It is with this proclamation of faith fresh in their minds that Jesus reveals to them his glory on the Holy Mountain. The glory of the living God, the glory that Moses sees prefigured in the cloud on Mount Sinai, the glory that reveals beyond a doubt and confirms who Jesus truly is. And so today with Peter we exclaim “Lord it is good for us to be here!” because, like Peter and the other disciples, we too, over these last days and weeks since Epiphany, have through our participation in the liturgy, been on a journey of revelation and realization. We heard of the wisemen’s visit and with them we worshiped the newborn king. We were there standing next to Mary and Joseph in the temple as Jesus was circumcised and fulfilled the law for us. We were there with Simeon and Anna as they rejoiced and glorified God for the salvation that was promised, the salvation they now held as a baby cradled in their arms. We were there on the banks of the Jordan River as John the Baptist professed that Jesus was the Lamb of God who takes away the sins of the world, and we watched as Jesus went down into the waters of chaos to identify with and take upon himself his fallen creation. We journeyed with Jesus as he went from town to town teaching and preaching in the synagogues, we saw him heal the sick and call people of all walks of life, including you and me, to follow him no matter the cost.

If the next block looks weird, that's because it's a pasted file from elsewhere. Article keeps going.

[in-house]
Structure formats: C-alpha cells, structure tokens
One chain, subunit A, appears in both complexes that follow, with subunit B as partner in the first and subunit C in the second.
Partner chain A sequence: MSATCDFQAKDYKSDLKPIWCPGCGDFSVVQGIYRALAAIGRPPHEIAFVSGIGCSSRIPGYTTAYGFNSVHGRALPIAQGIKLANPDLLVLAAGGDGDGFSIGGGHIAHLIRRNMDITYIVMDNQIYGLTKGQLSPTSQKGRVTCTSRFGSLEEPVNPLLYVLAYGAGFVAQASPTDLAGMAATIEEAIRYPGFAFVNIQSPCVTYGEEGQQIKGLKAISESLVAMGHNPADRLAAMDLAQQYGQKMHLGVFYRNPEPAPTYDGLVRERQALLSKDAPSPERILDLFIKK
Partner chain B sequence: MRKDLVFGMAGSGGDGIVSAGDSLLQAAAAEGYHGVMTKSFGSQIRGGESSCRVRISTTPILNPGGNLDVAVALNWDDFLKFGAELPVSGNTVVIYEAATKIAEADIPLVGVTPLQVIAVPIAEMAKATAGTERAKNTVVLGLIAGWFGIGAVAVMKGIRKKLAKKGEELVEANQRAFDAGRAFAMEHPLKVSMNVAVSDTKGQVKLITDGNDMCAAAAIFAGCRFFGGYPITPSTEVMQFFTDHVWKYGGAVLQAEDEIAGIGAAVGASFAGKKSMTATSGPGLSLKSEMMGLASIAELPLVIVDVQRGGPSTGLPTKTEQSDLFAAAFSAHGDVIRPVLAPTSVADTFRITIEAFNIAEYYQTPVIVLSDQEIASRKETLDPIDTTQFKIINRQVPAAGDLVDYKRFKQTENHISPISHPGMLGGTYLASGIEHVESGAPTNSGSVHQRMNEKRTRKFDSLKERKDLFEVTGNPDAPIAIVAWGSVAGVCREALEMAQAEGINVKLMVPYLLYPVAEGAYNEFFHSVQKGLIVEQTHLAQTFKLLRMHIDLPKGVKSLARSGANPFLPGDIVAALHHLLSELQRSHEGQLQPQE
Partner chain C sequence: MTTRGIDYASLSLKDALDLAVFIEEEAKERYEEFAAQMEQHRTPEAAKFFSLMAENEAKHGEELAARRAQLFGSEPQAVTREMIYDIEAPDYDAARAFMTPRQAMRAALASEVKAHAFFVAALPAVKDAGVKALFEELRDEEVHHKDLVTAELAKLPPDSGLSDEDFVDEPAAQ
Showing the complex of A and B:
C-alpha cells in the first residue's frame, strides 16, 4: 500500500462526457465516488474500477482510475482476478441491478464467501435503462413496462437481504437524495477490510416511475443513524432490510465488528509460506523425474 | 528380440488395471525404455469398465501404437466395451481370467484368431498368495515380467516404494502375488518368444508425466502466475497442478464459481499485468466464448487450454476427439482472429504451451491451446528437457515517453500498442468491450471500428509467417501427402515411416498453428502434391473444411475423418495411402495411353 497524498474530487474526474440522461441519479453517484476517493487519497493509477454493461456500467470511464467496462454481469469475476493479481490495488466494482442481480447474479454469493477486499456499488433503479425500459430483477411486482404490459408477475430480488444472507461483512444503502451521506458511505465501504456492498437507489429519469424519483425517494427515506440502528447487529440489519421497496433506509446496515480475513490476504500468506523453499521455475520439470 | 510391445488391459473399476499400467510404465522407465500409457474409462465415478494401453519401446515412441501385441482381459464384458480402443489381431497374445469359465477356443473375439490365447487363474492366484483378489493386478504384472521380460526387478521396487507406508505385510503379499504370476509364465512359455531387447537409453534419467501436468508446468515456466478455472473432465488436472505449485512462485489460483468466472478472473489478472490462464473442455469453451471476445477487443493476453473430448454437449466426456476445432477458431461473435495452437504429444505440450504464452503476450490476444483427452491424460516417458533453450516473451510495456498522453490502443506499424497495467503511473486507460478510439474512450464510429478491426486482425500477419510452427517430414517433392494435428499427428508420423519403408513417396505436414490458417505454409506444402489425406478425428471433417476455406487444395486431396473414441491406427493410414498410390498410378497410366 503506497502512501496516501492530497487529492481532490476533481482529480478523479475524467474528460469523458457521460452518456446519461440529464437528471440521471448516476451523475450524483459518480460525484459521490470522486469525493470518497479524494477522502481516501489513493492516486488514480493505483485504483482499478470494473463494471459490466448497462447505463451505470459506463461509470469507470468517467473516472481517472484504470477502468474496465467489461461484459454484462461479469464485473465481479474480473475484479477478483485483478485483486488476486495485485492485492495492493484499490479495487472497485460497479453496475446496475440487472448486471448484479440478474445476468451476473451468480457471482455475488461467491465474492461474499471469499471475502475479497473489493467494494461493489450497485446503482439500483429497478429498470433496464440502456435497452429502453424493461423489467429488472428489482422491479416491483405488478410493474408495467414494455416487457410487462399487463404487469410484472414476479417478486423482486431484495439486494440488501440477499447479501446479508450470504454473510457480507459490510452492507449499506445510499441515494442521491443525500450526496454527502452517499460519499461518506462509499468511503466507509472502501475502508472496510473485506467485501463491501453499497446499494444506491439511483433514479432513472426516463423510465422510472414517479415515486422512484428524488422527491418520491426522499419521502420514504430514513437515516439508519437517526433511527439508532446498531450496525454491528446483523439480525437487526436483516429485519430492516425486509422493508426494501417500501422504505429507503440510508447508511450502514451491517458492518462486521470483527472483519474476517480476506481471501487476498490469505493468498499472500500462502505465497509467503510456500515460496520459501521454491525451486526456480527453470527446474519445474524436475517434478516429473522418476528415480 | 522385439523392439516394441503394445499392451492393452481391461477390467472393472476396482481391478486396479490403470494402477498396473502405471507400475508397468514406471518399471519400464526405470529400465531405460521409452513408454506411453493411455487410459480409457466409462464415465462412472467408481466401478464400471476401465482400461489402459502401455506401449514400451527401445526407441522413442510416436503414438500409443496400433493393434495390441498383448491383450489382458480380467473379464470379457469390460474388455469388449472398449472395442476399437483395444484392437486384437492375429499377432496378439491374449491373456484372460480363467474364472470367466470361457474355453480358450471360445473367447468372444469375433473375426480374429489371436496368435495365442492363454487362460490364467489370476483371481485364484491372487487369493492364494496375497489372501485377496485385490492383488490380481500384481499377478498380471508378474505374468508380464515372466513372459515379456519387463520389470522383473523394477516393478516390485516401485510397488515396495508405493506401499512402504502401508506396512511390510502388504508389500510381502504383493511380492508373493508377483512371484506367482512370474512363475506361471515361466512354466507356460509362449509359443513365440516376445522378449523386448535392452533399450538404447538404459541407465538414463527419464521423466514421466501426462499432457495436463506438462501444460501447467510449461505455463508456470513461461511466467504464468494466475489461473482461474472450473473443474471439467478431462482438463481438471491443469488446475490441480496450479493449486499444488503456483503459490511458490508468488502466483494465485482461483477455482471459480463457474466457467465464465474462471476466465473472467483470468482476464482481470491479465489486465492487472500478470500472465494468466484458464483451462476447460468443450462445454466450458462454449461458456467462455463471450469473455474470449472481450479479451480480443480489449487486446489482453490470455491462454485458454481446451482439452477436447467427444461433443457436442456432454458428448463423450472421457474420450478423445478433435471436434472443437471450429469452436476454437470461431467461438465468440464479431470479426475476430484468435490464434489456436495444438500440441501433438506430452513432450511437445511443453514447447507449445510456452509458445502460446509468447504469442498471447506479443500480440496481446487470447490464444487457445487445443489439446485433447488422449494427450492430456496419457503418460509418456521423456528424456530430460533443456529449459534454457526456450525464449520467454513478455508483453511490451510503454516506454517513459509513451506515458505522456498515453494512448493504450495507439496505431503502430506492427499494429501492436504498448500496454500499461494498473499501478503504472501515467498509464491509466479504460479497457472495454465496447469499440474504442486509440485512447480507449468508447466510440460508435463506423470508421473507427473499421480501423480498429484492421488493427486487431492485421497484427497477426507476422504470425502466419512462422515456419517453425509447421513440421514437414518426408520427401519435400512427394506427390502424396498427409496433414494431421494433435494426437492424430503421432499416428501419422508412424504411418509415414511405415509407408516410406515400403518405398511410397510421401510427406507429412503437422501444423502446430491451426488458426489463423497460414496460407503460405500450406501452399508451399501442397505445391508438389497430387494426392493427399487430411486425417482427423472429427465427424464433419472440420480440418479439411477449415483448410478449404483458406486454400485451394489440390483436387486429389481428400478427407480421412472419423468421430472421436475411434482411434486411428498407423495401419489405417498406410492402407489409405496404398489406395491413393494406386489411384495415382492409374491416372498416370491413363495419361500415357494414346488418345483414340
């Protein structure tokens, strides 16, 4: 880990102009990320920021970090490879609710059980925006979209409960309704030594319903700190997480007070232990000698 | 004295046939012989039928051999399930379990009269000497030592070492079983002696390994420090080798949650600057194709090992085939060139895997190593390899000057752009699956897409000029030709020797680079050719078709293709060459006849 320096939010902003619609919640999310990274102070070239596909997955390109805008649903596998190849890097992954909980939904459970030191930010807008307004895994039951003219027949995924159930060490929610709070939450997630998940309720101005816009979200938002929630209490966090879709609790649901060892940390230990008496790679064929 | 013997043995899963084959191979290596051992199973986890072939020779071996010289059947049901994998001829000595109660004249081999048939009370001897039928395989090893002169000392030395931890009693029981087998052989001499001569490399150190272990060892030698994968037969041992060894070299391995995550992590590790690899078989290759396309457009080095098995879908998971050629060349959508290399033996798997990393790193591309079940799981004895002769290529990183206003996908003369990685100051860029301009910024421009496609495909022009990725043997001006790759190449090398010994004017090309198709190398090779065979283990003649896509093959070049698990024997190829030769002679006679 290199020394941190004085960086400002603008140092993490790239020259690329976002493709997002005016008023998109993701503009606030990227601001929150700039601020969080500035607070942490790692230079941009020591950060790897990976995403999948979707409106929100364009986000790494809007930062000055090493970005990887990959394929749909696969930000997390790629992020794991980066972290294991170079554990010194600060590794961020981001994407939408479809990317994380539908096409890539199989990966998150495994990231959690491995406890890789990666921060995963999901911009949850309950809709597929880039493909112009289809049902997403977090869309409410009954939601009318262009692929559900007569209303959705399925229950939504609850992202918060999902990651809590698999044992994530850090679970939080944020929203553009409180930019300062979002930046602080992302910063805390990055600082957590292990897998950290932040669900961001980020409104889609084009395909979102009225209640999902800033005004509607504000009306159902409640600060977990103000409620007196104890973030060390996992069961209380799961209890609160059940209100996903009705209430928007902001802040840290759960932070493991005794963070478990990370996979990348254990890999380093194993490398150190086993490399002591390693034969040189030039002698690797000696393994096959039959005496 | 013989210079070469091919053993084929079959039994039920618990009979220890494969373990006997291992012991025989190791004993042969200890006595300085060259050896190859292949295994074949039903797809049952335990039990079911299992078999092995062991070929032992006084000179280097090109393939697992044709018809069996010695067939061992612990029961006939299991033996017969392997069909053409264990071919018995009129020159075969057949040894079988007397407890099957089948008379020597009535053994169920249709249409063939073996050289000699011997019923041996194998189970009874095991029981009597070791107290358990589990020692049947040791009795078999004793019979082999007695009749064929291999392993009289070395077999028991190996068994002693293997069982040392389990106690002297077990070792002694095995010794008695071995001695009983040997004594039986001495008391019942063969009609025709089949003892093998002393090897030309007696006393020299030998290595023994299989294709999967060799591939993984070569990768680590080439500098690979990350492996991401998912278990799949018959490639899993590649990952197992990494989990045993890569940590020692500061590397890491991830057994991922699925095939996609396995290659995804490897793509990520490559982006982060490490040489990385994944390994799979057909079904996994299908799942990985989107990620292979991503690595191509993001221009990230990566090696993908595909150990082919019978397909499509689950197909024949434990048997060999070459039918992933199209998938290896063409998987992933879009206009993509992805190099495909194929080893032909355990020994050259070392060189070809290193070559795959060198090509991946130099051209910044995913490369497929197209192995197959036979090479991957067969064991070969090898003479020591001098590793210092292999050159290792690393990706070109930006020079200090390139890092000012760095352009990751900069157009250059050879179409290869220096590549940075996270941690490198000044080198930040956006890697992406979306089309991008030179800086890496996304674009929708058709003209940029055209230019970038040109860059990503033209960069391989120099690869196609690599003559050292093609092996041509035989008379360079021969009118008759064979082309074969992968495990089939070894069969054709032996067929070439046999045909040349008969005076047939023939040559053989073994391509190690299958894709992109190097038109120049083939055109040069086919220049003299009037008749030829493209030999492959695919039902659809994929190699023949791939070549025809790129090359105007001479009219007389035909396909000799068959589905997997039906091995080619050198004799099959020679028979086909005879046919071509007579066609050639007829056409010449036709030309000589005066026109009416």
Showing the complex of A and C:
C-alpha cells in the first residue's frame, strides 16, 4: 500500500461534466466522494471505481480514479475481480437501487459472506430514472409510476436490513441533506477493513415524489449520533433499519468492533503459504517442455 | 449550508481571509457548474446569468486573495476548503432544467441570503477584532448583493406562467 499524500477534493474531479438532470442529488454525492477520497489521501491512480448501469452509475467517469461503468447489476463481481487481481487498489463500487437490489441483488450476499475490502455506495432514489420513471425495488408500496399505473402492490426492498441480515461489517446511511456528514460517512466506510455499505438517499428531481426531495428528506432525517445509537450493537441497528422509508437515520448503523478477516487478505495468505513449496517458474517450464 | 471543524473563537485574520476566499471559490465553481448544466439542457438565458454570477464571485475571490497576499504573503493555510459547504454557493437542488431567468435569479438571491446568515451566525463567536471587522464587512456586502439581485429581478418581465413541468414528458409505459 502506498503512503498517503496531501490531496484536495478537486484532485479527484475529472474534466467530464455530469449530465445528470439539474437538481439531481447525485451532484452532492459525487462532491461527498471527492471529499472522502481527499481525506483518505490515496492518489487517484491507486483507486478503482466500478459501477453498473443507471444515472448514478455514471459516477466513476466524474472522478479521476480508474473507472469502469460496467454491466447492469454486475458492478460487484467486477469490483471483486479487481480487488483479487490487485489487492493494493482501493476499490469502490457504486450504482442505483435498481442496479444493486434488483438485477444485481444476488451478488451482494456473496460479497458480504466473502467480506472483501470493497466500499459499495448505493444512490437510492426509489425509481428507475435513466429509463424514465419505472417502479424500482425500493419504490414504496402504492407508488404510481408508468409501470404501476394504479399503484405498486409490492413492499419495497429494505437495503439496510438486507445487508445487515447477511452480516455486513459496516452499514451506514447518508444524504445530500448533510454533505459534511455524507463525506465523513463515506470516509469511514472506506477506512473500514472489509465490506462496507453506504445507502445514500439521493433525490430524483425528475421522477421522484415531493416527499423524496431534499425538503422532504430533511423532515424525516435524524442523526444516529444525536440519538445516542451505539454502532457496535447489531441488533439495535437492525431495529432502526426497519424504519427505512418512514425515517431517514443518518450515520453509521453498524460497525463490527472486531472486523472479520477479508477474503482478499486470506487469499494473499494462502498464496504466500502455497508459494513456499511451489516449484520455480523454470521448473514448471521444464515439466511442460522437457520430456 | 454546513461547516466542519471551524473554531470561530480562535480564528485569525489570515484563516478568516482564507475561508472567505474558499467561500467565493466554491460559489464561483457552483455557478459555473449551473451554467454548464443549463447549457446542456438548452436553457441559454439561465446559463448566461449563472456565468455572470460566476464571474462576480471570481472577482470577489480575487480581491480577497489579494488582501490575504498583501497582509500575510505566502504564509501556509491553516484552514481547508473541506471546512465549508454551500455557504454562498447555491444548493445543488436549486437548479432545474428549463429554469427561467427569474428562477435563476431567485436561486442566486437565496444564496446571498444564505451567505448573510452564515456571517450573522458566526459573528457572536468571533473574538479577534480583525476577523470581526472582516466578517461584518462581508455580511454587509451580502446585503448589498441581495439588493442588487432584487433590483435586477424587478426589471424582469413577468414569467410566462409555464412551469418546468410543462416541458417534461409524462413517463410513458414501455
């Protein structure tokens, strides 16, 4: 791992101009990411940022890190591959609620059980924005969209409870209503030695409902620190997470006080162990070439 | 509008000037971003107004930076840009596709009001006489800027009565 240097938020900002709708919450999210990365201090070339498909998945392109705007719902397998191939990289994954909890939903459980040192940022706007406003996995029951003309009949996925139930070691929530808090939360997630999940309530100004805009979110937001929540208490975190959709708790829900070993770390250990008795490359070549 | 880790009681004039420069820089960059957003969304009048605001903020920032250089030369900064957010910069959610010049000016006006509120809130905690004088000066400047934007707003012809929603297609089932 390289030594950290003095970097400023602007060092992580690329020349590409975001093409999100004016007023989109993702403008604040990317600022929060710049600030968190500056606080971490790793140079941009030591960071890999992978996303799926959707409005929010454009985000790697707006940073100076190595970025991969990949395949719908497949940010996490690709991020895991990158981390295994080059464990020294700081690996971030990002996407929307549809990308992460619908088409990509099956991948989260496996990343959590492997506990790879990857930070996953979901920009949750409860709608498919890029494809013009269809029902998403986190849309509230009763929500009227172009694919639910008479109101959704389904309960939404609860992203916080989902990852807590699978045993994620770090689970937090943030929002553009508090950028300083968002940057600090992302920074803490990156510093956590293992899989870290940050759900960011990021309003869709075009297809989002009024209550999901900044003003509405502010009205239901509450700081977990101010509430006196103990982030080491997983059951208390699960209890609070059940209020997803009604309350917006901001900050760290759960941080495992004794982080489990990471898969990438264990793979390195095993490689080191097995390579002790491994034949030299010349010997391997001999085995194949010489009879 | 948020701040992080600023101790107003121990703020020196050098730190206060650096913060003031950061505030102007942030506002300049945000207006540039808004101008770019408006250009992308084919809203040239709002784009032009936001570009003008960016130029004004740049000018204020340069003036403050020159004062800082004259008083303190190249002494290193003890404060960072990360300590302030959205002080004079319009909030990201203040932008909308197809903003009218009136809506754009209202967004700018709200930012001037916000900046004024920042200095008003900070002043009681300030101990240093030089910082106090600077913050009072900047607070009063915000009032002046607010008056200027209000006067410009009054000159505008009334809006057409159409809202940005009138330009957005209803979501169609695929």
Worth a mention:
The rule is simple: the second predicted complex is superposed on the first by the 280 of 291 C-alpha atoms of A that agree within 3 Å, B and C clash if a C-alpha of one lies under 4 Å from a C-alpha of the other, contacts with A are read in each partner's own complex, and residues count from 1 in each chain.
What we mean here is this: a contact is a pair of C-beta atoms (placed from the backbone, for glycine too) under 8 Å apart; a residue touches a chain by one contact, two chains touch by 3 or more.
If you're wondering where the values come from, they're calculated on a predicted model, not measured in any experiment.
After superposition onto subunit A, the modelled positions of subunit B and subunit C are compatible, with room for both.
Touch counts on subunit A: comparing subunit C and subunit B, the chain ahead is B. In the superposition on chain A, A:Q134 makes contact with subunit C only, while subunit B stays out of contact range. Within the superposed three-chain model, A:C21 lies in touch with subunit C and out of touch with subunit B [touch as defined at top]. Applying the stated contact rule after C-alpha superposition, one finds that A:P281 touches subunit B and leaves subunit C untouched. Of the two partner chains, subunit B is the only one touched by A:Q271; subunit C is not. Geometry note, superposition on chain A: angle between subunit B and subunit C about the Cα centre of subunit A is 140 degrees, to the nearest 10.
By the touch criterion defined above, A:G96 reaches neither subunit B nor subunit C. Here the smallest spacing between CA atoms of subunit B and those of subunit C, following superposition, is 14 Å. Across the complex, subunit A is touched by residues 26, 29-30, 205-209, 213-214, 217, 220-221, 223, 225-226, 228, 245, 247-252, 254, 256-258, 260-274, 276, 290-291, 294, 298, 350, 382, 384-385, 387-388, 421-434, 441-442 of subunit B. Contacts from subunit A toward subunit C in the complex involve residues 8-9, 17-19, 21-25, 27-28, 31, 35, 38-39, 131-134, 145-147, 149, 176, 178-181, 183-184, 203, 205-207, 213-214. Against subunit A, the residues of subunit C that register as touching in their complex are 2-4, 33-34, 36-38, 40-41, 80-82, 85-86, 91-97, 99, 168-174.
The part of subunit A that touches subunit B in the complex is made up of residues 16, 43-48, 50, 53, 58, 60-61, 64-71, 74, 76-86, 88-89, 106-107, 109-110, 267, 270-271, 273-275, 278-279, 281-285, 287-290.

Today on the mountain we see Moses and Elijah speaking with Jesus, and we know from Luke’s account of the transfiguration that they’re speaking of Jesus’ departure, or put rather more plainly, of his crucifixion. Moses and Elijah are there to bear witness to Jesus and to confirm for the chosen disciples, and for us that he is the one of whom all of the law and the prophets bore witness to.  From this time on once they descend the mountain Jesus turns his face towards Jerusalem towards the cross, towards his departure from this life and from this world. He knows that Peter, James, and John aren’t expecting what’s about to happen and so he gives the transfiguration as a gift to these chosen disciples, so that the dark days of his passion and death will not make them lose all hope. Saint Leo the great in a sermon on the transfiguration From the 5th century  gives voice to the reason for the transfiguration in this way , and I quote, “the reason for this great transfiguration was to remove the scandal of the cross from the hearts of his disciples and to prevent the humiliation of his voluntary suffering from disturbing the faith of those who had witnessed the surpassing glory that laid concealed…” [1] The disciples needed that reassurance because they didn’t know the end of the story, they didn’t yet know that Jesus would have to die on the cross, they didn’t yet know that Jesus’ death wouldn’t be the end of the story, or what amazing things God had in store for them. We on the other hand know the end of the story and we know that the cross is not the end of that story. We know that it’s not something that Jesus was forced to do or something that wasn’t planned but it was the way in which our God who loves us chose to reveal to us who he is and what he is like.  We know that it is through Jesus’ death on the cross that we are freed from the sin and death which kept us captive and that it is through the suffering of the cross that Jesus takes on and sanctifies the fullness of our human experience. We know that the joy of the resurrection comes after the sorrow of the cross, and that in the end everything will be all right and that we have hope for a better world where pain, loneliness, fear and everything that troubles us in this life will be no more.